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Below is the original README file from the descore.shar package.
------------------------------------------------------------------------------

des - fast & portable DES encryption & decryption.
Copyright (C) 1992  Dana L. How

This program is free software; you can redistribute it and/or modify
it under the terms of the GNU Library General Public License as published by
the Free Software Foundation; either version 2 of the License, or
(at your option) any later version.

This program is distributed in the hope that it will be useful,
but WITHOUT ANY WARRANTY; without even the implied warranty of
MERCHANTABILITY or FITNESS FOR A PARTICULAR PURPOSE.  See the
GNU Library General Public License for more details.

You should have received a copy of the GNU Library General Public License
along with this program; if not, write to the Free Software
Foundation, Inc., 675 Mass Ave, Cambridge, MA 02139, USA.

Author's address: how@isl.stanford.edu

$Id: README,v 1.15 1992/05/20 00:25:32 how E $


==>> To compile after untarring/unsharring, just `make' <<==


This package was designed with the following goals:
1.	Highest possible encryption/decryption PERFORMANCE.
2.	PORTABILITY to any byte-addressable host with a 32bit unsigned C type
3.	Plug-compatible replacement for KERBEROS's low-level routines.

This second release includes a number of performance enhancements for
register-starved machines.  My discussions with Richard Outerbridge,
71755.204@compuserve.com, sparked a number of these enhancements.

To more rapidly understand the code in this package, inspect desSmallFips.i
(created by typing `make') BEFORE you tackle desCode.h.  The latter is set
up in a parameterized fashion so it can easily be modified by speed-daemon
hackers in pursuit of that last microsecond.  You will find it more
illuminating to inspect one specific implementation,
and then move on to the common abstract skeleton with this one in mind.


performance comparison to other available des code which i could
compile on a SPARCStation 1 (cc -O4, gcc -O2):

this code (byte-order independent):
   30us per encryption (options: 64k tables, no IP/FP)
   33us per encryption (options: 64k tables, FIPS standard bit ordering)
   45us per encryption (options:  2k tables, no IP/FP)
   48us per encryption (options:  2k tables, FIPS standard bit ordering)
  275us to set a new key (uses 1k of key tables)
	this has the quickest encryption/decryption routines i've seen.
	since i was interested in fast des filters rather than crypt(3)
	and password cracking, i haven't really bothered yet to speed up
	the key setting routine. also, i have no interest in re-implementing
	all the other junk in the mit kerberos des library, so i've just
	provided my routines with little stub interfaces so they can be
	used as drop-in replacements with mit's code or any of the mit-
	compatible packages below. (note that the first two timings above
	are highly variable because of cache effects).

kerberos des replacement from australia (version 1.95):
   53us per encryption (uses 2k of tables)
   96us to set a new key (uses 2.25k of key tables)
	so despite the author's inclusion of some of the performance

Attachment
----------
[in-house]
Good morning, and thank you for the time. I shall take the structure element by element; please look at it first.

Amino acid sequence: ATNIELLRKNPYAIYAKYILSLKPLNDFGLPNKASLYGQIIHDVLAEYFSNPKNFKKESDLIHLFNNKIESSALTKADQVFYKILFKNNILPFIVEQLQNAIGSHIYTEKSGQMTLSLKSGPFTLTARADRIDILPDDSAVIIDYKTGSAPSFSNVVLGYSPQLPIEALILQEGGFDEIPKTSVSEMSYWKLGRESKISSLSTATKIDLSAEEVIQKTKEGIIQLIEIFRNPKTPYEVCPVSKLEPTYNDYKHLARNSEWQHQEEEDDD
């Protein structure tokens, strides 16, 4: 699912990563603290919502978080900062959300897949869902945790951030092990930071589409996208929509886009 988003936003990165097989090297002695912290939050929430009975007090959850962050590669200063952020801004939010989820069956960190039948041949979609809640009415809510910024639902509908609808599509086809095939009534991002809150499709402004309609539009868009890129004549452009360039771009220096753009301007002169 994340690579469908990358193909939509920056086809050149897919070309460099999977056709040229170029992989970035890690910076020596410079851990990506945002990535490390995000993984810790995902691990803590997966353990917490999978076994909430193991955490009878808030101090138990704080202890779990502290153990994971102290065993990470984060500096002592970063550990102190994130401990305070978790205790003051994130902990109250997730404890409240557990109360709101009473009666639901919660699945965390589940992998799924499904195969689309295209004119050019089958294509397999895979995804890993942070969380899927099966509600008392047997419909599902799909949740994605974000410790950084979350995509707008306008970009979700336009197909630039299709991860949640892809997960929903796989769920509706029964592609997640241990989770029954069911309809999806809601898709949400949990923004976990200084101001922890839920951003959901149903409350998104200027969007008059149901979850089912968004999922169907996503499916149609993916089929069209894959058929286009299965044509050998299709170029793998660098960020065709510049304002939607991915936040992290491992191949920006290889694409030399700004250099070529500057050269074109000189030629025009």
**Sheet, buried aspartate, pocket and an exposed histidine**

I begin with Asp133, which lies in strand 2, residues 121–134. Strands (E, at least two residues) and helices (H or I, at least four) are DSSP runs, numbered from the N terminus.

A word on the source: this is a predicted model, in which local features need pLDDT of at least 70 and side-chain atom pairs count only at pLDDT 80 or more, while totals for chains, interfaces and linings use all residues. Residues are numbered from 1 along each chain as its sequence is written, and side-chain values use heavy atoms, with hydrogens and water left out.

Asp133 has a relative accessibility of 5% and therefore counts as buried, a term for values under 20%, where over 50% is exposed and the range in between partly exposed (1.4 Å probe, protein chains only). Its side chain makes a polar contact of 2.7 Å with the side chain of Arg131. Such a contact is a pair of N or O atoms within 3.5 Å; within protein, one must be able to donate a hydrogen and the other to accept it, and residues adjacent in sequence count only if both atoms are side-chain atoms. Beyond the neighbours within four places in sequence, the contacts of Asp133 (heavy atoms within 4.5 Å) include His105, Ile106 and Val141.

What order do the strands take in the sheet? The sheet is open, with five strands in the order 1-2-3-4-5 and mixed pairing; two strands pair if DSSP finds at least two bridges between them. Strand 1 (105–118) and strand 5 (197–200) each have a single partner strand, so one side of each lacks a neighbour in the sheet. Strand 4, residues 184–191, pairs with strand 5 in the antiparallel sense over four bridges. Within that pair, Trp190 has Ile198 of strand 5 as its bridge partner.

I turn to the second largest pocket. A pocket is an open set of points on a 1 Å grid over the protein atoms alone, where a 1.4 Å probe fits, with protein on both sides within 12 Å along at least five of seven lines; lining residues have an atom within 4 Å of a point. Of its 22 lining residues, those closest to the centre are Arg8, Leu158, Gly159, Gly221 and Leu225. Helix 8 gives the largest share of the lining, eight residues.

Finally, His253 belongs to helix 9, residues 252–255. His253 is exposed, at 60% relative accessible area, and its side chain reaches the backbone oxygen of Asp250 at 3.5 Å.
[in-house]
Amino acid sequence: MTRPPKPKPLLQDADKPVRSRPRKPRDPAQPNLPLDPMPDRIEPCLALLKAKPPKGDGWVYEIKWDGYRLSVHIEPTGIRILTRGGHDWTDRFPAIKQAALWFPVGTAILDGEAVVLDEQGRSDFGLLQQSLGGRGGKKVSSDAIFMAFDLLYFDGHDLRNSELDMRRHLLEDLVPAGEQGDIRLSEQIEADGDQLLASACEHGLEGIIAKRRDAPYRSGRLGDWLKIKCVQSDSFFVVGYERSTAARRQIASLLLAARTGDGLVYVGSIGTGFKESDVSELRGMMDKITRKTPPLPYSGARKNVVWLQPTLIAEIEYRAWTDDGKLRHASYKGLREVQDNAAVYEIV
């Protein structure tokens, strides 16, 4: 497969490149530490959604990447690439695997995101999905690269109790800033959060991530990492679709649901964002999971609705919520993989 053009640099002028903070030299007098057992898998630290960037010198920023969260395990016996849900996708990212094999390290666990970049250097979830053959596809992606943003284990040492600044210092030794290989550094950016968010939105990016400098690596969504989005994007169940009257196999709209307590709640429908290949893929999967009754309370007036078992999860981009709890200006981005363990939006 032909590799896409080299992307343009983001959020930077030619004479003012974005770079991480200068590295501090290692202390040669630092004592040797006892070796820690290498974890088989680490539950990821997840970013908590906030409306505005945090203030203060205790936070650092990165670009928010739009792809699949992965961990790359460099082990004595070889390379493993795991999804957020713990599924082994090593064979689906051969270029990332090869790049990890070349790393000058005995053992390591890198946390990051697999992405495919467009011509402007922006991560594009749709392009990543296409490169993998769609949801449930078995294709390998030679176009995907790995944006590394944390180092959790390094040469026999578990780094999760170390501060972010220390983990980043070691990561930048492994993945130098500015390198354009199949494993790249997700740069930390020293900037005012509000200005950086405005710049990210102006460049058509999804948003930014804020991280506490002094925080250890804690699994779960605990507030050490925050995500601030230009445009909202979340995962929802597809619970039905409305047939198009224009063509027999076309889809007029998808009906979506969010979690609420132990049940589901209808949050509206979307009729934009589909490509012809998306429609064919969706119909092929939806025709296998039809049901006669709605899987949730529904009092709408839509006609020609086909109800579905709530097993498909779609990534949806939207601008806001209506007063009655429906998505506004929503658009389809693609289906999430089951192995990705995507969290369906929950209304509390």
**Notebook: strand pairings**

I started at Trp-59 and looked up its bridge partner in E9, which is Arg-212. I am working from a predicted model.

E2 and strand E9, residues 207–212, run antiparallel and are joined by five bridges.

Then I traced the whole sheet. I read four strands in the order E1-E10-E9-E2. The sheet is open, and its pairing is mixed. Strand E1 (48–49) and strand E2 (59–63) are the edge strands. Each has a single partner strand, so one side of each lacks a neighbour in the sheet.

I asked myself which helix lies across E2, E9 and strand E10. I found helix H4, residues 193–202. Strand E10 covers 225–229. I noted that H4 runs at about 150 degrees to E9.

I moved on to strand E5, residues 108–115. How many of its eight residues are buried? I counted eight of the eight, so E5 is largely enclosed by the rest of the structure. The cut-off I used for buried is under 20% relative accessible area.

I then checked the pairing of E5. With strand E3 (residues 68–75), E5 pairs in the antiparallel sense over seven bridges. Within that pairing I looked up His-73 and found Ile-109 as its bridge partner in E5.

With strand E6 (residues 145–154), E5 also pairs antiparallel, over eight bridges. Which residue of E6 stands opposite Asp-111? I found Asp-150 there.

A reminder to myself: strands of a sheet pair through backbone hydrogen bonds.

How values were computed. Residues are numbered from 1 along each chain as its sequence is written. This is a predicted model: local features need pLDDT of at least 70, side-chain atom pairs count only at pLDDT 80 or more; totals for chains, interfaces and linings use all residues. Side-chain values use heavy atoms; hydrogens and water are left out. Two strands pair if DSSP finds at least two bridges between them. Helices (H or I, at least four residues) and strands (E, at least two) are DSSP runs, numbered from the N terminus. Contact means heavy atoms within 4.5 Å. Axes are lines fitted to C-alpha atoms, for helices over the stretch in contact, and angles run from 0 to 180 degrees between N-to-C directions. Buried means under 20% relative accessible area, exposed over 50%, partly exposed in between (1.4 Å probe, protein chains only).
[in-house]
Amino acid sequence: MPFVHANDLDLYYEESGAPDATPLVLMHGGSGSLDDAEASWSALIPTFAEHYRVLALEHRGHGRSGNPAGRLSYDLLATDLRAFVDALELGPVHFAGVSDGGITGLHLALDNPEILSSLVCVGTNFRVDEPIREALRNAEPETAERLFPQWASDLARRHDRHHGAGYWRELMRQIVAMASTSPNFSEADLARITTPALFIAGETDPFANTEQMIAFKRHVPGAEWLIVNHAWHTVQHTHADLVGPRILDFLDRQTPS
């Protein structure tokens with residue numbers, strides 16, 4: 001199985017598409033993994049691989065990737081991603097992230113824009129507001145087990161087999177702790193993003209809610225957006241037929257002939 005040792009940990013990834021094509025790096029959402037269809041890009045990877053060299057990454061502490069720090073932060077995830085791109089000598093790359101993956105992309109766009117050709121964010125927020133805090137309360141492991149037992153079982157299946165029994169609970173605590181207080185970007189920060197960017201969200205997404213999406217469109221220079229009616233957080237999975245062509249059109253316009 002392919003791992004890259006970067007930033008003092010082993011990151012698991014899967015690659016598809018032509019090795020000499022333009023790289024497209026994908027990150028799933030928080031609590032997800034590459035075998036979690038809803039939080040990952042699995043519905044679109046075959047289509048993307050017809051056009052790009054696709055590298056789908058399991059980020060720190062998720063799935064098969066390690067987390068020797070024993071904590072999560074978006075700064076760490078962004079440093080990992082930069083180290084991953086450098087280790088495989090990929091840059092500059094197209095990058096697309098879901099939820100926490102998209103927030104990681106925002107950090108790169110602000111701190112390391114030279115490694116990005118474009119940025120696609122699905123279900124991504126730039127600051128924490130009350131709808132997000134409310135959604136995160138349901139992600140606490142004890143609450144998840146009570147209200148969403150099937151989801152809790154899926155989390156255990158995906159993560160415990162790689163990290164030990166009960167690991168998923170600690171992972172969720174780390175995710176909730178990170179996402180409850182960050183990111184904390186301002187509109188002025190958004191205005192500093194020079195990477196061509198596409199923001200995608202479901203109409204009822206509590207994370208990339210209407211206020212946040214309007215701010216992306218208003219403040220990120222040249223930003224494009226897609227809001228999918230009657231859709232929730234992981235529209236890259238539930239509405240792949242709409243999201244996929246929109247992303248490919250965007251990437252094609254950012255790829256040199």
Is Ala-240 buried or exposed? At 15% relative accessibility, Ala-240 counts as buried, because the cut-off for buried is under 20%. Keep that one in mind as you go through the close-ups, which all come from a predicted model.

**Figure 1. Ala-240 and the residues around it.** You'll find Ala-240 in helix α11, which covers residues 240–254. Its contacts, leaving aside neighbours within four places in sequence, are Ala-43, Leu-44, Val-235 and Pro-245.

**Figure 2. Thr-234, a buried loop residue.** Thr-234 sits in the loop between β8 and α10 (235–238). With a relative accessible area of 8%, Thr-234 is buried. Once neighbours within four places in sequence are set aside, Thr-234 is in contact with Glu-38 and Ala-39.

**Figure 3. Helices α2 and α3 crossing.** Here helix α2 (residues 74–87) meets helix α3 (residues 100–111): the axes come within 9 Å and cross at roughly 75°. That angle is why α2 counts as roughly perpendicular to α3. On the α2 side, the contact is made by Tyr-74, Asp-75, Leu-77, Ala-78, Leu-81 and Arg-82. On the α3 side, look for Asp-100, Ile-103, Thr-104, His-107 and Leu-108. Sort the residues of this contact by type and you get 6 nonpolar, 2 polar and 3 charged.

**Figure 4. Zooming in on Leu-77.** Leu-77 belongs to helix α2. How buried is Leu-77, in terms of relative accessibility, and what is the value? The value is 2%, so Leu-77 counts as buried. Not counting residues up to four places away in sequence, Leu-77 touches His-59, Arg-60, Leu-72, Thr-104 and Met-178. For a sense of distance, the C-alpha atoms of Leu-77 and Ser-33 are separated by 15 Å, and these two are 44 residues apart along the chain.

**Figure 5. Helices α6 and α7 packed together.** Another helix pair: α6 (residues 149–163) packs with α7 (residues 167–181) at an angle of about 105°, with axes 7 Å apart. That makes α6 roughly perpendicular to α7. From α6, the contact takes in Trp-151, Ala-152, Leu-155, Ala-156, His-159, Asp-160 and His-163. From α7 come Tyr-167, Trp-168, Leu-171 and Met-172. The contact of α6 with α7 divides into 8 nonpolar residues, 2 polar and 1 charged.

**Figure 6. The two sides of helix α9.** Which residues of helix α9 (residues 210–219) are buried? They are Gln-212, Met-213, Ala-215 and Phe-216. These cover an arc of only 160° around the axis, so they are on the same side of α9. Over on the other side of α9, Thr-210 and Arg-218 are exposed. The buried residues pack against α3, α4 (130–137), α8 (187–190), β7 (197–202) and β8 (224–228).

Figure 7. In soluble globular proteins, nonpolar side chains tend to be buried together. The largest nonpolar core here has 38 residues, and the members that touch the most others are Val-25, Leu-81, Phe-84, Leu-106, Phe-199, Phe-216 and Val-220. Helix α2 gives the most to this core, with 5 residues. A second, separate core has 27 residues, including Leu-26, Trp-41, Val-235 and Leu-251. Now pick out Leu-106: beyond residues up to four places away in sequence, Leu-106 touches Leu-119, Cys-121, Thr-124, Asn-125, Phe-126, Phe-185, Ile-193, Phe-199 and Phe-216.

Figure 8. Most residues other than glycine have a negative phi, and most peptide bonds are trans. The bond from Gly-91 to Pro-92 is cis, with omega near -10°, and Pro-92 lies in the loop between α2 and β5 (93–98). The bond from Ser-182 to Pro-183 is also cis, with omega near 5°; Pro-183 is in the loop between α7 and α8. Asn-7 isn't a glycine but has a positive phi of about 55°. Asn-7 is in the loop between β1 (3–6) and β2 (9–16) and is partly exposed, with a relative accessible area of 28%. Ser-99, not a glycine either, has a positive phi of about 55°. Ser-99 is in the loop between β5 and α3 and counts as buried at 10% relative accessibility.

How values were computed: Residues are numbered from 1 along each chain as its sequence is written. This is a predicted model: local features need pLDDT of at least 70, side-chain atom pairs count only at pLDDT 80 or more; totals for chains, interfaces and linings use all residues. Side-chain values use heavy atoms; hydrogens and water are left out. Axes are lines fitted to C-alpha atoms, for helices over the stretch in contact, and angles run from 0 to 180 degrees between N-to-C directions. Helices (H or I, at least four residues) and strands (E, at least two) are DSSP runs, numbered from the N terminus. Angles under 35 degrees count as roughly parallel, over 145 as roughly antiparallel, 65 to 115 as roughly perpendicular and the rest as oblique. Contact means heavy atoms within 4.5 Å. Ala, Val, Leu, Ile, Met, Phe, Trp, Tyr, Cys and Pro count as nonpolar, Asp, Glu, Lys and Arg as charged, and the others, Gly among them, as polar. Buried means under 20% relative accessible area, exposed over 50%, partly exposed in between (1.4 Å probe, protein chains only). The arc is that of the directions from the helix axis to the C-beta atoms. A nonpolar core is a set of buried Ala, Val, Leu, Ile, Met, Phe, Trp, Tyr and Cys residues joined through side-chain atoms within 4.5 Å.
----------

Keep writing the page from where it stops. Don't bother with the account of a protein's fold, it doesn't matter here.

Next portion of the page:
improvements i had suggested to him, this package's
	encryption/decryption is still slower on the sparc and 68000.
	more specifically, 19-40% slower on the 68020 and 11-35% slower
	on the sparc,  depending on the compiler;
	in full gory detail (ALT_ECB is a libdes variant):
	compiler   	machine		desCore	libdes	ALT_ECB	slower by
	gcc 2.1 -O2	Sun 3/110	304  uS	369.5uS	461.8uS	 22%
	cc      -O1	Sun 3/110	336  uS	436.6uS	399.3uS	 19%
	cc      -O2	Sun 3/110	360  uS	532.4uS	505.1uS	 40%
	cc      -O4	Sun 3/110	365  uS	532.3uS	505.3uS	 38%
	gcc 2.1 -O2	Sun 4/50	 48  uS	 53.4uS	 57.5uS	 11%
	cc      -O2	Sun 4/50	 48  uS	 64.6uS	 64.7uS	 35%
	cc      -O4	Sun 4/50	 48  uS	 64.7uS	 64.9uS	 35%
	(my time measurements are not as accurate as his).
   the comments in my first release of desCore on version 1.92:
   68us per encryption (uses 2k of tables)
   96us to set a new key (uses 2.25k of key tables)
	this is a very nice package which implements the most important
	of the optimizations which i did in my encryption routines.
	it's a bit weak on common low-level optimizations which is why
	it's 39%-106% slower.  because he was interested in fast crypt(3) and
	password-cracking applications,  he also used the same ideas to
	speed up the key-setting routines with impressive results.
	(at some point i may do the same in my package).  he also implements
	the rest of the mit des library.
	(code from eay@psych.psy.uq.oz.au via comp.sources.misc)

fast crypt(3) package from denmark:
	the des routine here is buried inside a loop to do the
	crypt function and i didn't feel like ripping it out and measuring
	performance. his code takes 26 sparc instructions to compute one
	des iteration; above, Quick (64k) takes 21 and Small (2k) takes 37.
	he claims to use 280k of tables but the iteration calculation seems
	to use only 128k.  his tables and code are machine independent.
	(code from glad@daimi.aau.dk via alt.sources or comp.sources.misc)

swedish reimplementation of Kerberos des library
  108us per encryption (uses 34k worth of tables)
  134us to set a new key (uses 32k of key tables to get this speed!)
	the tables used seem to be machine-independent;
	he seems to have included a lot of special case code
	so that, e.g., `long' loads can be used instead of 4 `char' loads
	when the machine's architecture allows it.
	(code obtained from chalmers.se:pub/des)

crack 3.3c package from england:
	as in crypt above, the des routine is buried in a loop. it's
	also very modified for crypt.  his iteration code uses 16k